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Amber Heard (Christopher Pearce/Getty Images for GQ Australia)

‘I fell for that’

The 2 adjectives used to describe a female character that send Amber Heard running from a movie script

By WITW Staff on November 17, 2017

Actress Amber Heard has spoken out against the limited roles for women in Hollywood, revealing in an interview that she will no longer even read scripts where her potential character’s defining attribute is her beauty.

“I started saying to my agents, ‘Don’t send me scripts where the first adjective in the female description is ‘beautiful,’” Heard told Allure magazine. “And if the second is ‘enigmatic,’ throw it in the trash.’ The word ‘enigmatic’ means ‘Her backstory doesn’t matter.’ I fell for that so many times.”

The actress added that her perspective on the status of women’s rights had undergone a dramatic transformation in the past year and a half — around the time that Heard divorced from Johnny Depp after alleging domestic abuse. At the time, Depp’s lawyers had argued that Heard’s accusations were a means of leveraging money out of the settlement. After the settlement, both Depp and Heard dropped their claims, and Heard donated her entire settlement to the ALCU, for its efforts combating violence against women, and Children’s Hospital Los Angeles.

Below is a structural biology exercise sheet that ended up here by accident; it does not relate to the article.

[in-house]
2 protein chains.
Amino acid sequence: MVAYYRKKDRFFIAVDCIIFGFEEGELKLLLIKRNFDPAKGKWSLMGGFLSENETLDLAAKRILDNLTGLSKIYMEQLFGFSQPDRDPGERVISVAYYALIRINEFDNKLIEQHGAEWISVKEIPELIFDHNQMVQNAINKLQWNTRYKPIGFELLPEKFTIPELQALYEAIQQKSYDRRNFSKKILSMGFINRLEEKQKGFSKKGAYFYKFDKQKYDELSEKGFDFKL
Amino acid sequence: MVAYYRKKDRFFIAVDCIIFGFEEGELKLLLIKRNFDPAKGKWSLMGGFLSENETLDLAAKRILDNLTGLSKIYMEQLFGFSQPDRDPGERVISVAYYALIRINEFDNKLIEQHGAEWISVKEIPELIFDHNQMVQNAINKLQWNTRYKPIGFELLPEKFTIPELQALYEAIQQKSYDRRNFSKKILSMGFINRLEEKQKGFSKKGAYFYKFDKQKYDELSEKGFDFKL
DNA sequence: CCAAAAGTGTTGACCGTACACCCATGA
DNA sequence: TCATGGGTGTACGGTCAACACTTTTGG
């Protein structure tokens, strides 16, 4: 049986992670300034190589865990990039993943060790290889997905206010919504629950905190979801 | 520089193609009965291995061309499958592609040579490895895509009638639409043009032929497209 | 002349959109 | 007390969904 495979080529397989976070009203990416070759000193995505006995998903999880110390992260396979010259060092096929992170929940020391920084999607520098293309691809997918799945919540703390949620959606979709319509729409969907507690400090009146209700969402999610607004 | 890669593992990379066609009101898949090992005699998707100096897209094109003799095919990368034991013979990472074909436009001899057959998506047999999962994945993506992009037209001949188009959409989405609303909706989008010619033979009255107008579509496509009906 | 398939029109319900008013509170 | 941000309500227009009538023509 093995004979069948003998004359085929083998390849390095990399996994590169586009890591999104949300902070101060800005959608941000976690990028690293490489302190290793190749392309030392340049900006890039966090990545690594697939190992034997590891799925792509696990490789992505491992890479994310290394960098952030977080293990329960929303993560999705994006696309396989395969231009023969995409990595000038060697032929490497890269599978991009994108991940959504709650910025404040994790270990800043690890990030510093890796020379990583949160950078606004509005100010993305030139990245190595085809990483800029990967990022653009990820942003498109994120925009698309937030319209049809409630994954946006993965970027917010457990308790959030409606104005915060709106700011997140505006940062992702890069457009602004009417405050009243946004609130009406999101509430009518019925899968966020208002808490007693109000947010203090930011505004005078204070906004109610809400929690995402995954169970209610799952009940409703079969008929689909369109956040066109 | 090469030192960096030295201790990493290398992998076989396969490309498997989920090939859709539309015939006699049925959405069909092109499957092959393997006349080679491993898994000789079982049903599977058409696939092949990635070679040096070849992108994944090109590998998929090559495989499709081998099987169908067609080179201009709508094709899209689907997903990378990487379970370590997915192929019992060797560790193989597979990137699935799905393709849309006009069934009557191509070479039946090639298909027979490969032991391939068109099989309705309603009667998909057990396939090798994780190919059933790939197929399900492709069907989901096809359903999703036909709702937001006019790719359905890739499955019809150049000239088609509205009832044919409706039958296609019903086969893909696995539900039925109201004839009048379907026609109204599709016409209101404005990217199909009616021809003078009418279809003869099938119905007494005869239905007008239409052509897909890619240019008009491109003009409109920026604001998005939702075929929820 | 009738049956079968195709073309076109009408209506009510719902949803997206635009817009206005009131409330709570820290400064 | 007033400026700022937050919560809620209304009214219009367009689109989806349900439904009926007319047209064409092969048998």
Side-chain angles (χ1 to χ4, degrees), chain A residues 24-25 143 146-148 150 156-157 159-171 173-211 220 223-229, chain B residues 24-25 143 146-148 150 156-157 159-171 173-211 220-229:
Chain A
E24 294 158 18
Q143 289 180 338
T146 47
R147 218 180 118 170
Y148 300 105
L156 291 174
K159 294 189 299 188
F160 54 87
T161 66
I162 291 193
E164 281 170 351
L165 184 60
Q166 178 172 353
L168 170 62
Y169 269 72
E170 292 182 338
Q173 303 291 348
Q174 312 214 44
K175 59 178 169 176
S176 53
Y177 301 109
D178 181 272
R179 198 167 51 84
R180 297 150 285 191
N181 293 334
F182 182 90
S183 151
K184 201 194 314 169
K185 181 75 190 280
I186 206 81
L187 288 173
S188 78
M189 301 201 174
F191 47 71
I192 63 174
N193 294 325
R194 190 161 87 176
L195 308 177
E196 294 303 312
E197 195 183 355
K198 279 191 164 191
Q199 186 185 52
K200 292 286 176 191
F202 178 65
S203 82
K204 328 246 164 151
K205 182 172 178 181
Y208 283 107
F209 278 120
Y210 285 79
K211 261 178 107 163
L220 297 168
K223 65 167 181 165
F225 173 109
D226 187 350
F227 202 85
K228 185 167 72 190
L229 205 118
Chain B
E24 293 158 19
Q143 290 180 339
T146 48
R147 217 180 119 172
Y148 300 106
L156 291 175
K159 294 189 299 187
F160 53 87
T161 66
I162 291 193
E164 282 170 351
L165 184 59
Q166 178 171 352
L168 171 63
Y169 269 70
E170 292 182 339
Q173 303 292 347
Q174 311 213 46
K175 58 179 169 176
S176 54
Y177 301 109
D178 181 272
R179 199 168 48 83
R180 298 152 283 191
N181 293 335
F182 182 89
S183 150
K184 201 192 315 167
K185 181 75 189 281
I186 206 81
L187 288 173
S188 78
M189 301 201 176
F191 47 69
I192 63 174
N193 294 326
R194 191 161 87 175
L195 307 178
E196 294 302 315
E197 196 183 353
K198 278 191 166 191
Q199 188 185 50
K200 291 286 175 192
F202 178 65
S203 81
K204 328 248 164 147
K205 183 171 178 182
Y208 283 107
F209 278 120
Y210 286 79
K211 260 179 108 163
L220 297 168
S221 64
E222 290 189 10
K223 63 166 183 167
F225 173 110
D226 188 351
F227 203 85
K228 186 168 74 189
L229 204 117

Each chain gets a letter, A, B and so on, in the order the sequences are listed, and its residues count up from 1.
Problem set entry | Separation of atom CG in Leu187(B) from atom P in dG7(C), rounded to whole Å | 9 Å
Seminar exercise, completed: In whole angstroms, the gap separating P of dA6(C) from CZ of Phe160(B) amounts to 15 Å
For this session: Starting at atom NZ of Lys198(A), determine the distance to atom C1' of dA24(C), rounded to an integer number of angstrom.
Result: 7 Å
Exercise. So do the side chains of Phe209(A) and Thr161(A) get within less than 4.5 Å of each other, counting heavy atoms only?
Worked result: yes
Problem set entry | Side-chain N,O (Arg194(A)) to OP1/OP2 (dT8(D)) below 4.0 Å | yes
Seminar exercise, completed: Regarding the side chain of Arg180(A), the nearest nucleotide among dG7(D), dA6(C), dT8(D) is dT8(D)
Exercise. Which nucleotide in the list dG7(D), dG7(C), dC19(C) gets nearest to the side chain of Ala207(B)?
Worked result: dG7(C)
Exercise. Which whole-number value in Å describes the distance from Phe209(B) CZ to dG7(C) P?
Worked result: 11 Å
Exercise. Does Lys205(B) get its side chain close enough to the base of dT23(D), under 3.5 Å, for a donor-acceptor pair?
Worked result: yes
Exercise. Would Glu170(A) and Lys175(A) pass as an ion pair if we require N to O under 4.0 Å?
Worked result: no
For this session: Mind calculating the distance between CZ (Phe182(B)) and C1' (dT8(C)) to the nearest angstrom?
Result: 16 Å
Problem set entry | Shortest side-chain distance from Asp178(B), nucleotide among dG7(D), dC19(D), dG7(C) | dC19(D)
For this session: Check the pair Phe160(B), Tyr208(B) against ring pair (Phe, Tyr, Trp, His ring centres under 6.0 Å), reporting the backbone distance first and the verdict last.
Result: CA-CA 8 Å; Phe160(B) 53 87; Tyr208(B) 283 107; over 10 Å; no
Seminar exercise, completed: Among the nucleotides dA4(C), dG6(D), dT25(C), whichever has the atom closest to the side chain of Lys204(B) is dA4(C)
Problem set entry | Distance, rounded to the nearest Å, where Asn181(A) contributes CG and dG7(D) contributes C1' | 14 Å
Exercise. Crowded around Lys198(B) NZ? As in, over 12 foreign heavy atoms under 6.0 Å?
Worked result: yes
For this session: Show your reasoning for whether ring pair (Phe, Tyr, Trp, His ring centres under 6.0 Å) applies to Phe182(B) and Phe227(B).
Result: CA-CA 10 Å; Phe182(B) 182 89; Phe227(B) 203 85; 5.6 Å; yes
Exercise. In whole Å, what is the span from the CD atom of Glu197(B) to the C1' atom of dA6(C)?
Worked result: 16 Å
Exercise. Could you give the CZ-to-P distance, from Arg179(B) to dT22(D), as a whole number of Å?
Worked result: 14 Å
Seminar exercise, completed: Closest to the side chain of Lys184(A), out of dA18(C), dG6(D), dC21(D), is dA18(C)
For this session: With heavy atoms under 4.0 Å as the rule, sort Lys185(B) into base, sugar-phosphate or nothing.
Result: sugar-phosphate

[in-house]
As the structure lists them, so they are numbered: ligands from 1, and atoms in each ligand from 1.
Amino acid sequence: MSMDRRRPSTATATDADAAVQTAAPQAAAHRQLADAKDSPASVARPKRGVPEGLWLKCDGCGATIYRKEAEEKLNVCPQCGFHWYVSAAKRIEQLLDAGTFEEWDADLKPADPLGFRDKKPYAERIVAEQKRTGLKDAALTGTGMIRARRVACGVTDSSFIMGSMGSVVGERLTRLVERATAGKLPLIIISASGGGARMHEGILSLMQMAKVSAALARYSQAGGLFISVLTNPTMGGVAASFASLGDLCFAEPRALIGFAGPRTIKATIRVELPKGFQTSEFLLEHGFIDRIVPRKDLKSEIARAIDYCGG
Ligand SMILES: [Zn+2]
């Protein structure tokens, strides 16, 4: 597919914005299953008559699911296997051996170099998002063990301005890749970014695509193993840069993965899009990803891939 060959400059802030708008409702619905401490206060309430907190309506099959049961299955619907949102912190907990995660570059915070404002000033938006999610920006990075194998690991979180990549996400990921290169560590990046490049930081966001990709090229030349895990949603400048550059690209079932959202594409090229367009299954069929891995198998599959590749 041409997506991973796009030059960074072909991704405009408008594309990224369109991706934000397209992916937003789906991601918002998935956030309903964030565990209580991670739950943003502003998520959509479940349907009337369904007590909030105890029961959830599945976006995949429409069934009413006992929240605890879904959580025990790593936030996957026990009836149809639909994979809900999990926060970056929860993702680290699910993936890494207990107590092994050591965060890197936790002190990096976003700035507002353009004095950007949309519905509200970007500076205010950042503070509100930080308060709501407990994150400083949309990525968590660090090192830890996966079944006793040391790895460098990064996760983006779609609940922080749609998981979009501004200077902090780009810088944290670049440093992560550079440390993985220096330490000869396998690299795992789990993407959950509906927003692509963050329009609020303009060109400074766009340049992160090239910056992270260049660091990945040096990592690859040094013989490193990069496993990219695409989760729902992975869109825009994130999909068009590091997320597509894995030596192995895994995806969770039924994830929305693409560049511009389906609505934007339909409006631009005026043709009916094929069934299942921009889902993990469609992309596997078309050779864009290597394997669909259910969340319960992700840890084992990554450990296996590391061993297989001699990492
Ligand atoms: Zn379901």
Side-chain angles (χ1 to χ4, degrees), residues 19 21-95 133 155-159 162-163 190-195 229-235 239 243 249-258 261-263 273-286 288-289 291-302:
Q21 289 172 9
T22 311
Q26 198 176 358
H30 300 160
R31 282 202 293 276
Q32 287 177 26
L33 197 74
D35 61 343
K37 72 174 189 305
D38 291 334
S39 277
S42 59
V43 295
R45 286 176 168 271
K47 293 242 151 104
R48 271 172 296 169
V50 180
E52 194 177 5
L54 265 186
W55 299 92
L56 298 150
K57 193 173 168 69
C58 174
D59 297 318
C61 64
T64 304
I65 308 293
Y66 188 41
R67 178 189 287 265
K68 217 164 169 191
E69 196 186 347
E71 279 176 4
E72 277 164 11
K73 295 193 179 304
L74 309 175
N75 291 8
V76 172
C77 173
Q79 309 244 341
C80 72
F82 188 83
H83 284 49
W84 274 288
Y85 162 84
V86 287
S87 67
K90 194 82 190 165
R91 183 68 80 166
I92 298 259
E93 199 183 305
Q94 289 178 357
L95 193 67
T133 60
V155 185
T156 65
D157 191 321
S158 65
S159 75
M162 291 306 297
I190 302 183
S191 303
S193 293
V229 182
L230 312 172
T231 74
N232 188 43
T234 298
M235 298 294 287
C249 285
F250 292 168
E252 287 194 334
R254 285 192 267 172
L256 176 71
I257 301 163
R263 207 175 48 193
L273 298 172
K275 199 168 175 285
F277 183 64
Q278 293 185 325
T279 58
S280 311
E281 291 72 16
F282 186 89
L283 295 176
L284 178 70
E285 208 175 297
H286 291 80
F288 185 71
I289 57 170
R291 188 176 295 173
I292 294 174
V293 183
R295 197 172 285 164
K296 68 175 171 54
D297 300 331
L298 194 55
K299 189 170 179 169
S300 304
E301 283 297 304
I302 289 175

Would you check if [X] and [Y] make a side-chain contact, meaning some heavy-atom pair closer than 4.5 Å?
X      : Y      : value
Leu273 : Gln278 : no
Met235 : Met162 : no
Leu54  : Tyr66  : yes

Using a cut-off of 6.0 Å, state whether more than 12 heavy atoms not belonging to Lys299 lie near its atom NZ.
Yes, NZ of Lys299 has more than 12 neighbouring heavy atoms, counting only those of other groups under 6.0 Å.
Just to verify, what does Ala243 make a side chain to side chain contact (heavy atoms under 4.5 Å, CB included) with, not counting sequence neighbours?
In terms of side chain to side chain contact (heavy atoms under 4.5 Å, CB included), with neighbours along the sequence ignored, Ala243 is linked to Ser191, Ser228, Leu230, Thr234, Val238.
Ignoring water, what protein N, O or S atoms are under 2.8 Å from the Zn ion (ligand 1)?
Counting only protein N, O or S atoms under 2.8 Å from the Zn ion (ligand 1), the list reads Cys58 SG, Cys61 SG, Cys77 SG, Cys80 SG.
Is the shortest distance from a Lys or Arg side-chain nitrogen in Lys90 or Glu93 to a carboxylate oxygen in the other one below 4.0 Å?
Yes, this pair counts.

“I have supported the [American Civil Liberties Union] since I was 16,” Heard said. “When I was growing up, my friends had ’NSync posters, and I collected feminist propaganda from World War II. Our mothers and grandmothers worked to make an environment that was deceptively comfortable. I took it for granted. By comparison to other places or previous generations, we’re doing great. Yeah, sure, there have been some sexist things here. I was so wrong. I was so fucking wrong.”

“Before the Grabber in Chief, before the reeling back that we collectively had as women, I had my own reeling back,” she added. “The roots of misogyny reach far deeper are far more ubiquitous. I didn’t realize that … I had been living with my head in the sand because I was comparing it to other places or to the past. I did not realize how far we have to go to be equal. [And by equal] I mean fair.”

Read the full story at Allure and Vanity Fair.


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